Exciting as the action may be elsewhere on the ice, nowhere in hockey is it more concentrated than on the front porch of that lonely and tormented individual, the goalie. His is a game of cat and mouse, only in this case the mouse, also known as the puck, is five ounces of high-velocity aggression. With feline attention the goalie follows its erratic path, doing a mad dance between his goalposts to keep it always in sight. When it comes near, the goalie pounces—if he can. If it stays in his neighborhood for any length of time, there is bedlam: attackers crashing against defenders, sticks and elbows making menace, large bodies with sharp blades at one end tumbling into the goalie's preserve. Just about the last of the good old cats was Gump Worsley, who retired as the Minnesota goalie the other day having never worn a face mask during 20 years' service. Nearly everybody else does now, but psychic scars, as these photographs suggest, are as easy to come by as the ones that used to be the product of needle and catgut. On page 45 the Pittsburgh Penguins' forthright young goaltender, Jim Rutherford, tells some of the reasons why that is so.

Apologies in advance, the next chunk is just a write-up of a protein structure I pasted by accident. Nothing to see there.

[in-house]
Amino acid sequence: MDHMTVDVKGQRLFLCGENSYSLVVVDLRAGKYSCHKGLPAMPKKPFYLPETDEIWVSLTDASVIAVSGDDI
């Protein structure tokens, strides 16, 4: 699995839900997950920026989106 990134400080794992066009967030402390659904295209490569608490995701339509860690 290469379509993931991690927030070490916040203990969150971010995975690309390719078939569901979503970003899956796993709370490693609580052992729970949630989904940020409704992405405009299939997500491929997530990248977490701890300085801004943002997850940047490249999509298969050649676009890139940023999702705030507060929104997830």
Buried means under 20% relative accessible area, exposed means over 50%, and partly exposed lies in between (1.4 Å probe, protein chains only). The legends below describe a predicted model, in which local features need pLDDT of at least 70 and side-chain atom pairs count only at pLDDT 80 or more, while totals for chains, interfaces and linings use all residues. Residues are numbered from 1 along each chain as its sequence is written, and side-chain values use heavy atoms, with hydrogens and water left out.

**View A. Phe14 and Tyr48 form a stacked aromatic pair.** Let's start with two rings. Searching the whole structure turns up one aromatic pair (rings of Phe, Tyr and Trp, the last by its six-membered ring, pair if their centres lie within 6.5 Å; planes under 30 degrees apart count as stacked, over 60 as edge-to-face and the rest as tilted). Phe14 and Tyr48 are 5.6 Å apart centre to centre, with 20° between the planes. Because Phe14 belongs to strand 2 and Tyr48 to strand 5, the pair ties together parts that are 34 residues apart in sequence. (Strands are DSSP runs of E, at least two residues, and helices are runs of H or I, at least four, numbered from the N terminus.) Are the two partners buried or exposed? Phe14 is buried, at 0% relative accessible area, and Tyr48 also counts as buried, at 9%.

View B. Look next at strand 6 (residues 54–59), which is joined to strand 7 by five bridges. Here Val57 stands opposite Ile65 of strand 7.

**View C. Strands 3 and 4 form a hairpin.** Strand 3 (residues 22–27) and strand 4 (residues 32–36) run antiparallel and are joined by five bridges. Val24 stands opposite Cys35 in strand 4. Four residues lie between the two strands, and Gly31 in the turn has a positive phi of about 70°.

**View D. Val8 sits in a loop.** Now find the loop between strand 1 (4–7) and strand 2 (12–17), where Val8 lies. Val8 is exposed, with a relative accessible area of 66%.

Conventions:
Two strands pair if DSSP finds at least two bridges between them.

Three studies in keeping-the-old-eye-on-the-puck: above, New York's Eddie Giacomin; below left, Pittsburgh's Jim Rutherford; right, Atlanta's Danny Bouchard.
Goalies aren't particular; they just try to get something in the way of the puck. In the case of Chicago's Gary Smith (left), it is everything he has, and if he resembles a Charleston dancer at a masked ball, so be it. Philadelphia's Doug Favell (right) throws the reclining-figure bit at New York's Vic Hadfield. The man Favell needs is someone like Hadfield's teammate, Brad Park (extreme right), to play cop. California's Gilles Meloche (below) could use a policeman, too, as the captain of the Red Wings, Alex Delvecchio, tumbles in.
Atlanta's Bouchard hits the deck to smother a puck, while Author Rutherford plays host to an unwanted goal-mouth huddle.
MELCHIOR DI GIACOMO